Before filing for bankruptcy you should know exactly what constitutes secured and unsecured debt, and whether both be discharged by filing for Chapter 13 or Chapter 7 bankruptcy protection? The simple answer is yes to both, but in the case of secured debts the answer becomes more convoluted. Consulting with an experienced bankruptcy attorney who can explain how bankruptcy affects your secured debt is vital before making any decisions about you financial future.
Secured debt is debt backed by collateral, and includes home mortgages, second mortgages, car loans, judgment liens, and tax liens. And while you might expect these items to be discharged after bankruptcy, a qualified bankruptcy lawyer will tell you to proceed with caution. Why? Because the collateral backing your debt is the property of the creditor, who is entitled to assume it if payments are missed.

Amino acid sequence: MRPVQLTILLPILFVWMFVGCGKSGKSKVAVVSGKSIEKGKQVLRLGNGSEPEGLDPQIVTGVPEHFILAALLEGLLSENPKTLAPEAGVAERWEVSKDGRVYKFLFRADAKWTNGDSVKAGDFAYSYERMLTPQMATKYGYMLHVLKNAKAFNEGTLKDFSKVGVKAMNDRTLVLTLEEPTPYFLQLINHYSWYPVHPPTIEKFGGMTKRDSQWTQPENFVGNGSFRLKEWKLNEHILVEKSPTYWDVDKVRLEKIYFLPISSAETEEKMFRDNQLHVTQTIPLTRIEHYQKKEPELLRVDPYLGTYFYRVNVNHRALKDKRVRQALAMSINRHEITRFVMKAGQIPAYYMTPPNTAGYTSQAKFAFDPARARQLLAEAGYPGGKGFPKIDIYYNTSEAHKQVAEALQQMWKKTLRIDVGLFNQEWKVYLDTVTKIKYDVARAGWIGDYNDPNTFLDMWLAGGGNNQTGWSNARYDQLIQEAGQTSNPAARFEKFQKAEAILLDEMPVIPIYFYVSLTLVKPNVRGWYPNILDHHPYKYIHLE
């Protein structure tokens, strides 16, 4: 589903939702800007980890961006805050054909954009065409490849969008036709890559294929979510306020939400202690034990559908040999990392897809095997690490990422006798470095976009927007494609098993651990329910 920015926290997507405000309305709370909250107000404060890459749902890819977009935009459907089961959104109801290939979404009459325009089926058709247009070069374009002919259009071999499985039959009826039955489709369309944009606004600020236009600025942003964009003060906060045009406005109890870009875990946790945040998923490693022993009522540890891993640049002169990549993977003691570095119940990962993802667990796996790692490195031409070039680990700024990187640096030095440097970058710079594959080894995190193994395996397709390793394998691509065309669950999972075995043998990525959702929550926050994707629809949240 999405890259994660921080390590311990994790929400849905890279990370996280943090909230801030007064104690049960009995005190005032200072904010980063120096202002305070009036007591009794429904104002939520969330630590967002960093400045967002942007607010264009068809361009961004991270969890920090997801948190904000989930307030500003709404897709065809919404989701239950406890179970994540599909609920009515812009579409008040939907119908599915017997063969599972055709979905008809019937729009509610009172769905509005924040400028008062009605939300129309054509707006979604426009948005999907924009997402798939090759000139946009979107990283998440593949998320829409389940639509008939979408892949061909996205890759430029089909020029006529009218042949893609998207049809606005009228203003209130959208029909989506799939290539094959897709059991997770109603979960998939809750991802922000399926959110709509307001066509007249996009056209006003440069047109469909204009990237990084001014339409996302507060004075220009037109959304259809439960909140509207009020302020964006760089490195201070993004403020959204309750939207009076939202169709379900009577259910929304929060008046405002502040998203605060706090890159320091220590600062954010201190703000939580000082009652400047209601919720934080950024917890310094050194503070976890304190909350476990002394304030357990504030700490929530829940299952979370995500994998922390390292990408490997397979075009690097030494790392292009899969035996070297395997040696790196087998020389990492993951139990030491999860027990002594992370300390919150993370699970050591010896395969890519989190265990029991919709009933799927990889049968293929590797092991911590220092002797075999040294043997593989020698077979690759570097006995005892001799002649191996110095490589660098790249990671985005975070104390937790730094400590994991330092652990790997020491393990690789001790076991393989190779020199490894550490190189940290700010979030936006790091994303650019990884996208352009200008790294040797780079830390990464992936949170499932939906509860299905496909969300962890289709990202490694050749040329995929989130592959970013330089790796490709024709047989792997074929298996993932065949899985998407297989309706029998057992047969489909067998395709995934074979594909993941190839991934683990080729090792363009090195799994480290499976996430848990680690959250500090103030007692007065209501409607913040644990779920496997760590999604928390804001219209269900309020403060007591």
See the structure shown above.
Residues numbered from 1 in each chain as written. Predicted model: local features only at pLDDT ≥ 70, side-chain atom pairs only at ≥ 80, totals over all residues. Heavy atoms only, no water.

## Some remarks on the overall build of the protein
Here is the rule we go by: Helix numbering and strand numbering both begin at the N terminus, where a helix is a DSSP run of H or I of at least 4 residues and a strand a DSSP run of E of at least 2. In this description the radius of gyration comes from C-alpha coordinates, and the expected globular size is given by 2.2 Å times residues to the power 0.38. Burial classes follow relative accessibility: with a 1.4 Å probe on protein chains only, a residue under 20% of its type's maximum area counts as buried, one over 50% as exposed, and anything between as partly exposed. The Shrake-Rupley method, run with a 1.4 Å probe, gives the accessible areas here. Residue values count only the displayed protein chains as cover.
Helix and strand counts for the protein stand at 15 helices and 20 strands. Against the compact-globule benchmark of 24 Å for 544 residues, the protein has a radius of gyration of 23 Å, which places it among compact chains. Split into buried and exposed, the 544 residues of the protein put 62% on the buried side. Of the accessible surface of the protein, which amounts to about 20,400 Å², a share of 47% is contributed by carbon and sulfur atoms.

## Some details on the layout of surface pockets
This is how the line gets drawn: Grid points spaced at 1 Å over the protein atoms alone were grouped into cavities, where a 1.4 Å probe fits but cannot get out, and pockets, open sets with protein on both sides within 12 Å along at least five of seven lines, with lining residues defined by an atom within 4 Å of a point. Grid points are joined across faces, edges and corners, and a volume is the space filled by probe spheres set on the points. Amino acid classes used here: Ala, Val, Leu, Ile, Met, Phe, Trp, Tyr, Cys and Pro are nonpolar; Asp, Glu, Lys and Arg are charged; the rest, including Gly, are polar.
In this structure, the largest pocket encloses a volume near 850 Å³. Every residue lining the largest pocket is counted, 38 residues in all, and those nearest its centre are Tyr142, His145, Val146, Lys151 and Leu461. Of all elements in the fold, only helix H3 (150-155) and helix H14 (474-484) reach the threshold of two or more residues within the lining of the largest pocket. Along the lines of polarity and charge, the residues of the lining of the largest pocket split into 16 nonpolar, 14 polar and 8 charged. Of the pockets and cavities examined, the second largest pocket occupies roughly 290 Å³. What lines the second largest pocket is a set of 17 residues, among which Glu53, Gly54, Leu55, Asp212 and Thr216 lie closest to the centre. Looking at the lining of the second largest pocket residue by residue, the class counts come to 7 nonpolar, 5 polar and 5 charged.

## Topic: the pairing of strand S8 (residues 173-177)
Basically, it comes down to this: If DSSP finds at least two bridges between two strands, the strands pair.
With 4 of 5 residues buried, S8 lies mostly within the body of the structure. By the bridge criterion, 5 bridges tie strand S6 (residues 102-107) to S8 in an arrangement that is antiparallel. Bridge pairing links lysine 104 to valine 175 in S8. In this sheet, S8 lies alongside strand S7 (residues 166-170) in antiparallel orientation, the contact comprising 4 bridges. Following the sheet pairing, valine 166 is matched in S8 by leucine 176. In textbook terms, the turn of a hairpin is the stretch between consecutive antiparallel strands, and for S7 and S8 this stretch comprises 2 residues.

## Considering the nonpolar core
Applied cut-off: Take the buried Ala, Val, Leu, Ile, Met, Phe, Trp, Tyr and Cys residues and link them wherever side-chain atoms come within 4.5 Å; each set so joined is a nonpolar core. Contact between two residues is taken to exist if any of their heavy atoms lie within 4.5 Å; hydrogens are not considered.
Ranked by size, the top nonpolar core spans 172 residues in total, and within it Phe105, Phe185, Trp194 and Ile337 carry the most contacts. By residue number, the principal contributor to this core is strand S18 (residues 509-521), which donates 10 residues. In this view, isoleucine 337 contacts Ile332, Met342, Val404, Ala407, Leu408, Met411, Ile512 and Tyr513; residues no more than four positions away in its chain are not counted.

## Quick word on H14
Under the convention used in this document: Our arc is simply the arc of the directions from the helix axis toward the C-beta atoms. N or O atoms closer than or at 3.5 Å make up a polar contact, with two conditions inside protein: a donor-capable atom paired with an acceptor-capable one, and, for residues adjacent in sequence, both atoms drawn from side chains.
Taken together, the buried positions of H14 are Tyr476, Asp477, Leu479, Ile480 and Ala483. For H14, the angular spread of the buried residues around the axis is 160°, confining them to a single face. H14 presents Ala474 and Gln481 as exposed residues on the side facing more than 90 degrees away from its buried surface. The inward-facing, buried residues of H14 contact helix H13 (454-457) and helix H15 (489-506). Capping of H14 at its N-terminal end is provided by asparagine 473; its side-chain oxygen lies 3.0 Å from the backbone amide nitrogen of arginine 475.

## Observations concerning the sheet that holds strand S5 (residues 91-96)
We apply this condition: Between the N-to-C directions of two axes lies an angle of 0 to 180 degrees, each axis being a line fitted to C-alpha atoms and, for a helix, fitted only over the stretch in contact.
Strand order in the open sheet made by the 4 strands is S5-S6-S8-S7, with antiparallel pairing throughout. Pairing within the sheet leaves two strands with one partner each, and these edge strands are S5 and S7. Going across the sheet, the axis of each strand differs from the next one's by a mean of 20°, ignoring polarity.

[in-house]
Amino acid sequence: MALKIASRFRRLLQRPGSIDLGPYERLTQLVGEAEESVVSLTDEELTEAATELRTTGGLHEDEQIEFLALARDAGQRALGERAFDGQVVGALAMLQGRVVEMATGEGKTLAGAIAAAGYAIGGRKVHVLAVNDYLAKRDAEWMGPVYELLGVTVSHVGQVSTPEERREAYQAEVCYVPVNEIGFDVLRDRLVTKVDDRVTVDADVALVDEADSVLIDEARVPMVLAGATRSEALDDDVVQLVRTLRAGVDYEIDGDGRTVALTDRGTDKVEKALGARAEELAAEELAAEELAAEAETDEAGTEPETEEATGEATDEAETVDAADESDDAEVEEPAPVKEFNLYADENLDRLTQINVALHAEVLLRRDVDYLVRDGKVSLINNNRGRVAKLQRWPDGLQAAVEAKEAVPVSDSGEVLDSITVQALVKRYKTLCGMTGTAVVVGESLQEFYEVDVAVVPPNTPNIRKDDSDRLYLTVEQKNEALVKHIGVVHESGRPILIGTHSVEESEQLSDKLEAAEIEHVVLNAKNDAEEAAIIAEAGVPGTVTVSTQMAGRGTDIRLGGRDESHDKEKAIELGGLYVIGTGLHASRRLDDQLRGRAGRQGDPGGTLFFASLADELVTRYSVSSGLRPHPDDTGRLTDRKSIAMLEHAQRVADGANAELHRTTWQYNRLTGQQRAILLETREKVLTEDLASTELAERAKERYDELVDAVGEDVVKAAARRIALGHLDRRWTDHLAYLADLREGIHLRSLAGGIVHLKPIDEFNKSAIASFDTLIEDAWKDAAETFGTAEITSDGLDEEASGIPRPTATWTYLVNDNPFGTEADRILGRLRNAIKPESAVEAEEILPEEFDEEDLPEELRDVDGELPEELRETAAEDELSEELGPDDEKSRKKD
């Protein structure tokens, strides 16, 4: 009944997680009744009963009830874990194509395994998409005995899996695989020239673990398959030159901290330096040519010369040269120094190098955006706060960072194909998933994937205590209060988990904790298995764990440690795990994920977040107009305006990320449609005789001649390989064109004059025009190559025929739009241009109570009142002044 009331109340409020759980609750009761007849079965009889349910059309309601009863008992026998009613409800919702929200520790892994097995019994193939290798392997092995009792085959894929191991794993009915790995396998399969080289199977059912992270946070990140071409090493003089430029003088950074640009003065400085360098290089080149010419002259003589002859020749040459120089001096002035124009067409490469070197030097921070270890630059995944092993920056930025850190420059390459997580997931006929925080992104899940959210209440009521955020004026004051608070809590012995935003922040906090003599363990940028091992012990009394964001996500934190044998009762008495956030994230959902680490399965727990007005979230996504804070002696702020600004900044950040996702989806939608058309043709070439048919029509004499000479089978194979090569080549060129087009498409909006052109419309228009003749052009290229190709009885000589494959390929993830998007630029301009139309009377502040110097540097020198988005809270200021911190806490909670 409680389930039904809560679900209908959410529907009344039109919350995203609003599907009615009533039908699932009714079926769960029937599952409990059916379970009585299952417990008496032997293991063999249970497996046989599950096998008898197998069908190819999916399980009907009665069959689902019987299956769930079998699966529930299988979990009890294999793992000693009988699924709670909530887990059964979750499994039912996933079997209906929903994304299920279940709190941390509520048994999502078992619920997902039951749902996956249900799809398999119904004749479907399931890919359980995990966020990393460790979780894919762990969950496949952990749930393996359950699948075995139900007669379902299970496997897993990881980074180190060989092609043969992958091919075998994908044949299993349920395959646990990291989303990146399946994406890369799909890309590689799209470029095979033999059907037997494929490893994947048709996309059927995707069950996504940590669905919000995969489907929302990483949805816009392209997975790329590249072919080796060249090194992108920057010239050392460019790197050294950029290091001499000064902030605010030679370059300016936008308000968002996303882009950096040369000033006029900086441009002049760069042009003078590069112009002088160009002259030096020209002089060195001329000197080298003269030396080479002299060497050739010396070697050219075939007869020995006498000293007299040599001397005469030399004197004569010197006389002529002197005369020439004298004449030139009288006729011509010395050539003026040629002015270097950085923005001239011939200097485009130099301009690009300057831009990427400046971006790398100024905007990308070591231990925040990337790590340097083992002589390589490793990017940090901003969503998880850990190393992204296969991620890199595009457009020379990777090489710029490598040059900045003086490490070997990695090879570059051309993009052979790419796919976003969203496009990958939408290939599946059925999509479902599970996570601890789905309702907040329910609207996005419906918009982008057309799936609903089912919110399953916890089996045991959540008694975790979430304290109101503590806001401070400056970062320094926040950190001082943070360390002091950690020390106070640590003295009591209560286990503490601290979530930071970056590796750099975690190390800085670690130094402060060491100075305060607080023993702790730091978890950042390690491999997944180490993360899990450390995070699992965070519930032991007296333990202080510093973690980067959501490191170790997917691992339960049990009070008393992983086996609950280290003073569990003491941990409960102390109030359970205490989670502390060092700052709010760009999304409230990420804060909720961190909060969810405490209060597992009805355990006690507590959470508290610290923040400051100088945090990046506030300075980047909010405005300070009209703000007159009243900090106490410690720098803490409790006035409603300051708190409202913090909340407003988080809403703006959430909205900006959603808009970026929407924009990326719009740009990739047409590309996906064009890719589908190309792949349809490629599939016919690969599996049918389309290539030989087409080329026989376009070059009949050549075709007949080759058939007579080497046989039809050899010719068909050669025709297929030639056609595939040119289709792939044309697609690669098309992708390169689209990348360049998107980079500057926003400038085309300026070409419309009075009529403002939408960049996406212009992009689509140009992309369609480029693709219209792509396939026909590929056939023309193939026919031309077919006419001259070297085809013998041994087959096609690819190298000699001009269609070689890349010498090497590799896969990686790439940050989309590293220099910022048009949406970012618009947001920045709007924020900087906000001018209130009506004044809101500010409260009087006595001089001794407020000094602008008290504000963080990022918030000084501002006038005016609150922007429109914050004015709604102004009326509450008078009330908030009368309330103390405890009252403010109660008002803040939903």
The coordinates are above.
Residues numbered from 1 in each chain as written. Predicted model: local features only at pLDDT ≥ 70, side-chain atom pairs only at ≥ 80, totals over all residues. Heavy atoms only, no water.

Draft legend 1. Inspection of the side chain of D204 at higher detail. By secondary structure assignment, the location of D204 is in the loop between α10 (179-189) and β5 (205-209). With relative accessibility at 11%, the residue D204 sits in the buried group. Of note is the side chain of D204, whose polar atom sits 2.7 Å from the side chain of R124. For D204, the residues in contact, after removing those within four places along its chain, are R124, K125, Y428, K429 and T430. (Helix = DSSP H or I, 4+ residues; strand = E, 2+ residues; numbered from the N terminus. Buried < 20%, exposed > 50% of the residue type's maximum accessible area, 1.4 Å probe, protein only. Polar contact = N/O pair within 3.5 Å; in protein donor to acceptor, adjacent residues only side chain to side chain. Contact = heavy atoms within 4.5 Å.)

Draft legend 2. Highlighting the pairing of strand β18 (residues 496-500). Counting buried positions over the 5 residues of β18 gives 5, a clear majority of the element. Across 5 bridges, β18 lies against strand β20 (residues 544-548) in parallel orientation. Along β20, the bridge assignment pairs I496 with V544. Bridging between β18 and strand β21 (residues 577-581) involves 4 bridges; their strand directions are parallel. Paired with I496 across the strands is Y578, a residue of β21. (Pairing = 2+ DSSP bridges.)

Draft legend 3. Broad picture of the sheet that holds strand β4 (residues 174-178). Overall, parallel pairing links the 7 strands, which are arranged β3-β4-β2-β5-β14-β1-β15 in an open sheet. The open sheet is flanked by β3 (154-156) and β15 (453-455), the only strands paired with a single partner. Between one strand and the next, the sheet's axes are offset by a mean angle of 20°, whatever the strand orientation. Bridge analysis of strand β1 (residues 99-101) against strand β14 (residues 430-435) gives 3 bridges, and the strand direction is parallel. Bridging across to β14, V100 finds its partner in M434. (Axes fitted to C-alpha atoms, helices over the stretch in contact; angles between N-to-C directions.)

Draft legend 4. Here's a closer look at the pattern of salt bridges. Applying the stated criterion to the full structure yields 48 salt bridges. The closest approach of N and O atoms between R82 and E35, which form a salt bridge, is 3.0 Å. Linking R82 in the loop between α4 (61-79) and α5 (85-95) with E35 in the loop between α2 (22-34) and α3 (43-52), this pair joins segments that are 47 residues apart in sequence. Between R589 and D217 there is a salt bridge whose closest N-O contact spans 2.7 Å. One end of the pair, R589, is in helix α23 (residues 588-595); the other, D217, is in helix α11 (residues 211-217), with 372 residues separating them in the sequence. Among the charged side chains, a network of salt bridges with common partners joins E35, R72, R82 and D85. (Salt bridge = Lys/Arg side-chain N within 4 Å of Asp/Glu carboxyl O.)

If bankruptcy discharges my debts, you may ask, then how is it possible that I still might lose my home or car after the fact? It's simple really. A bankruptcy absolves you of any legal responsibility to pay for your secured or unsecured debt, which means legal action cannot be taken against you to recover the debt in question. What it DOESN'T mean is that a secured creditor cannot take back their collateral. They can, and in most cases they will.
In the case of secured debts legal protection does not equal asset protection. If you are behind on your mortgage and are filing for bankruptcy, the mortgage owner can ask a bankruptcy court for permission to foreclose on your home either during or after the bankruptcy proceedings. Even so, it is rarely true that one might have to sell their home and move.
It's important to know that debtors almost always have the option to reaffirm secured debts. By reaffirming a secured debt, the debtor agrees to continue making payments on the secured loan during the bankruptcy and also after the bankruptcy case is closed.
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